FM calls for `reasonable expectations'
Foreign Ministry spokesman Liu Jianchao Tuesday called for "reasonable expectations" for the first working group meeting of the six-party talks on the Korean Peninsula nuclear issue.
Noting that the parties involved have pledged for "flexibility, patience and pragmatism" at the meeting which begins today in Beijing, Liu said that it requires "a period of time" to narrow down the differences in such areas as how to achieve non-nuclearization on the Korean Peninsula and the first step in dismantling nuclear programmes.
"We hope that all parties will have in-depth exchanges of their views and put forward sound plans to resolve each other's concerns and prepare for the next round of talks," said Liu at a regular news briefing.
After two rounds of ministerial-level six-party talks, the Democratic People's Republic of Korea (DPRK) has sought economic aid in exchange for freezing its nuclear programmes.
The United States, while noting DPRK's need for energy sources, nevertheless asked the country to first dismantle all its nuclear programmes in a "complete, verifiable and irreversible" manner.
The second round of six-party talks, which was held in late February, left room for further discussion about the scope for freezing nuclear programmes and how to conduct nuclear inspections on the Korean Peninsula.
Liu said Tuesday that the working group meeting will discuss the issues that the second round of six-party talks "touched upon but did not have time to probe deeper."
"We hope that through full consultations and discussions, related parties will enhance understanding, increase trust and dispel suspicion, seek and build up consensus," said Liu, adding that the meeting is a continuation and a part of the six-party talks.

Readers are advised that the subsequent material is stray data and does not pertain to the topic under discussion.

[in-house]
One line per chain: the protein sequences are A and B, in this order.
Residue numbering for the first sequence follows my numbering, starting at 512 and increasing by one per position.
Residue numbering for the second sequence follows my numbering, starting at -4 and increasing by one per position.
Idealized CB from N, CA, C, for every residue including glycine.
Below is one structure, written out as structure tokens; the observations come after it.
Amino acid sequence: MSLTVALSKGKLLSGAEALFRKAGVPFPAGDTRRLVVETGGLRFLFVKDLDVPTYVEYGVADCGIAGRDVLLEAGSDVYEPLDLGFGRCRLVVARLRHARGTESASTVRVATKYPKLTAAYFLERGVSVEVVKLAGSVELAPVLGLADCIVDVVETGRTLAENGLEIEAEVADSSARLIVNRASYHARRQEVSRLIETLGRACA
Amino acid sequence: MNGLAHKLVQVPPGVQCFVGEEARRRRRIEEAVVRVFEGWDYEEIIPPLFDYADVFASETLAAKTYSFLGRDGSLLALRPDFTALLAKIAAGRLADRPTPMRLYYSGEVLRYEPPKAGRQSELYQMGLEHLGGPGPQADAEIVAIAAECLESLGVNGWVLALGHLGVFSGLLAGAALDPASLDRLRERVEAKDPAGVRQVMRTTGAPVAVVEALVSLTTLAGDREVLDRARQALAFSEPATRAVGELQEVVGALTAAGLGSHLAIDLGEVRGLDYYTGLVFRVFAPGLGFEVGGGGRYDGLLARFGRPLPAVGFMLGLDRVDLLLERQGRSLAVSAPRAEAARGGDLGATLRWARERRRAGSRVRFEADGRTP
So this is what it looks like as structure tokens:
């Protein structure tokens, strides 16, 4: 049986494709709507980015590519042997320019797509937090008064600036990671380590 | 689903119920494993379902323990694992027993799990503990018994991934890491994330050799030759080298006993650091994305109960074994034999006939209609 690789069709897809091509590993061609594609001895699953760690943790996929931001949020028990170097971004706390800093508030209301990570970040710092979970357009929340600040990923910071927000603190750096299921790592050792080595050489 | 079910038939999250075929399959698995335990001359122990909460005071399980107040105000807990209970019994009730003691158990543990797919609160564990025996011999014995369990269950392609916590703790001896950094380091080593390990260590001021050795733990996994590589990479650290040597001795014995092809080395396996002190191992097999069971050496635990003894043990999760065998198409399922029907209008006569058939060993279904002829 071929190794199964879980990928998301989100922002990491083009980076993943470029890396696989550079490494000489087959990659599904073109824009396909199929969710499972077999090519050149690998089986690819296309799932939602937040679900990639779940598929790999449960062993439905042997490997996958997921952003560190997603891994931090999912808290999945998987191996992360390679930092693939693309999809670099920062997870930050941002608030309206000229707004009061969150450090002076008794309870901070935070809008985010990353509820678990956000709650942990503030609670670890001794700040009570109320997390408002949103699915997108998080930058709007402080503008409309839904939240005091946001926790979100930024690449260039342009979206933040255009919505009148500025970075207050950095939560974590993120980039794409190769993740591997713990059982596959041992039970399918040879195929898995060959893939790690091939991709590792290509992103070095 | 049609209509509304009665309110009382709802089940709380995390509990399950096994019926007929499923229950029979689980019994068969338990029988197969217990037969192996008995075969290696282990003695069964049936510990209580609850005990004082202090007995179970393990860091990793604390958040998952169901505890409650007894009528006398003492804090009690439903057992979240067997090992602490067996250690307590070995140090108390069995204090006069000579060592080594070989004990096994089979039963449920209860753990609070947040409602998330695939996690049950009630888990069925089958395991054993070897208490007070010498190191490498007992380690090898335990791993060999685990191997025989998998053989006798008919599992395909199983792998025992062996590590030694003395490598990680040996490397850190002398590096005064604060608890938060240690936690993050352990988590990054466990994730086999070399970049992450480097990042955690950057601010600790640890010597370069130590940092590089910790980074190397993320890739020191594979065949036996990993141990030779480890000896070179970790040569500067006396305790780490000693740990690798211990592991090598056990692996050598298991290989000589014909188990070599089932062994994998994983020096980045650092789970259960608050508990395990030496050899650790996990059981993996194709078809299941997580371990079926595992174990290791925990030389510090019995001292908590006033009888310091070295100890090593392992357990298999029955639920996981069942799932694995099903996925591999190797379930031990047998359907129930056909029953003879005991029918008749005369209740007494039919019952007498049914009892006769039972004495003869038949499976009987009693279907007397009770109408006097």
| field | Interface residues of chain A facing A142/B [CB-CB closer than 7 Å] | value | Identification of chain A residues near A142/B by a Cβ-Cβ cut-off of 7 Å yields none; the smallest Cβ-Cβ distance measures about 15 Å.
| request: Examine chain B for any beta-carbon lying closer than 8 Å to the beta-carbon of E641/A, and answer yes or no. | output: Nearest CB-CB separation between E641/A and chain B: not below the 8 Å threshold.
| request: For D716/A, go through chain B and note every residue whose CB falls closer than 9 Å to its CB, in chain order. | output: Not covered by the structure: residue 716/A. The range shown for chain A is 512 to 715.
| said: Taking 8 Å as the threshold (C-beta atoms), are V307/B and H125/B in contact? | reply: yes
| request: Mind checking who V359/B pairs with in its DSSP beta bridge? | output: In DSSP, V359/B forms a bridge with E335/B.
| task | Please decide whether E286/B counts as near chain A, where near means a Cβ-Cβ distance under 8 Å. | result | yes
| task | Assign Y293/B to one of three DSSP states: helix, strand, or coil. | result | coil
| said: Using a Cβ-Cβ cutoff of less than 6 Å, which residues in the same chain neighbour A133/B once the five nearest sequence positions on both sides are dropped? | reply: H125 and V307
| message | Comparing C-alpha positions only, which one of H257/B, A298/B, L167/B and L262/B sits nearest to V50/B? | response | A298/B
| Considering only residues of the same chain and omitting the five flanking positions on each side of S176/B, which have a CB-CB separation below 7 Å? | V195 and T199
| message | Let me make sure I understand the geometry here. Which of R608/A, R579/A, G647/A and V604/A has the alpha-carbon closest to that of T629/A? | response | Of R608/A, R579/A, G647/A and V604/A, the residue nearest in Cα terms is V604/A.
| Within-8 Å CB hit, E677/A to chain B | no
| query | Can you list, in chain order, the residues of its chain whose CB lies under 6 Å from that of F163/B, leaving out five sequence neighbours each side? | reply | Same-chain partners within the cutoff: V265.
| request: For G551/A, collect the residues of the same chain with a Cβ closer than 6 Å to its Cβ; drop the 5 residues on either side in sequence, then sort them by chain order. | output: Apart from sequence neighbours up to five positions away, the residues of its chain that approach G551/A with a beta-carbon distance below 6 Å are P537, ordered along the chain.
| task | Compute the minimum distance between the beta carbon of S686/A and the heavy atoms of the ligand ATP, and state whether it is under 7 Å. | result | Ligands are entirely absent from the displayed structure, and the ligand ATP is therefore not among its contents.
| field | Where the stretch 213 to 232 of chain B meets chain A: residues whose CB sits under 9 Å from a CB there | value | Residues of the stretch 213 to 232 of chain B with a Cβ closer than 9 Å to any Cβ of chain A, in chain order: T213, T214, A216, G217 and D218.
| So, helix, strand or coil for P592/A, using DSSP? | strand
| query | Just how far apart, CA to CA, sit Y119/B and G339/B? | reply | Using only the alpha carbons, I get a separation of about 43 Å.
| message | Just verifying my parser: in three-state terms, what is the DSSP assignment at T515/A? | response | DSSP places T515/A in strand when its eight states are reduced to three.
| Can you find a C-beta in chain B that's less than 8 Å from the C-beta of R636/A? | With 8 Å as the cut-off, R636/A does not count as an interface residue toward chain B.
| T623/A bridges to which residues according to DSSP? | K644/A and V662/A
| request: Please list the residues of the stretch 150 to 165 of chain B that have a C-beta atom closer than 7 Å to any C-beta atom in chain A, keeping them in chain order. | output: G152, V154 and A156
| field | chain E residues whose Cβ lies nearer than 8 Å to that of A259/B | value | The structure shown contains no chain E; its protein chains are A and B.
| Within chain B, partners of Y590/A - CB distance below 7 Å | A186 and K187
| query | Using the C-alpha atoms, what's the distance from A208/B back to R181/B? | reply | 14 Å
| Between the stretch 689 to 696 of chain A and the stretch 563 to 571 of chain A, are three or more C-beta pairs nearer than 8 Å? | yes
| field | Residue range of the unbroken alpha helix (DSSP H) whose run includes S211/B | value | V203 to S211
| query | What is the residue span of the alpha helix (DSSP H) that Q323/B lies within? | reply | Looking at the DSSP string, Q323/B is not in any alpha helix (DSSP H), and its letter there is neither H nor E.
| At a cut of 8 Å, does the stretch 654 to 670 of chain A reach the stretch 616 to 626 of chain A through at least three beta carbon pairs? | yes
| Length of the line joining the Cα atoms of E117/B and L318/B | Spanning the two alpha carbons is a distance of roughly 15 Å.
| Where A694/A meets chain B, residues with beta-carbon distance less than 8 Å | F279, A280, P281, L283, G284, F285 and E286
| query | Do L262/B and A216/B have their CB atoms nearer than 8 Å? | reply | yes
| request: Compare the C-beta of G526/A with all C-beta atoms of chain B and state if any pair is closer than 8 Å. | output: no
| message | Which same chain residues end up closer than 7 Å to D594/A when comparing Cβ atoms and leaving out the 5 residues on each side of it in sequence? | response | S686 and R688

The open-ended meeting will be attended by delegations from the six countries.
They are headed respectively by Ning Fukui from China, Li Gun from the DPRK, Joseph DeTrani from the United States, Cho Tae-yong from the Republic of Korea, V. Sukhinin from Russia and Akitaika Saiki from Japan.
Starting Tuesday, Ning, who is China's special envoy for Korean Peninsula affairs and chairs the working group meeting, has held separate talks with the heads of the other delegations.
Liu declined to give further details as what the bilateral talks have touched upon.
Liu Tuesday also reiterated other countries should acknowledge the one-China principle in pursuing and developing diplomatic ties with China.
"If the leader of a country is sincere in developing ties with China, it must respect and accept such a stance of the Chinese Government (that there is only one China in the world and Taiwan is a part of China)," said Liu.
Liu was responding to remarks made by the newly-elected president of Panama Martin Torrijos. Torrijos said during his election campaign that he would consider or propose the establishment of diplomatic relations with Beijing without severing diplomatic ties with Taipei.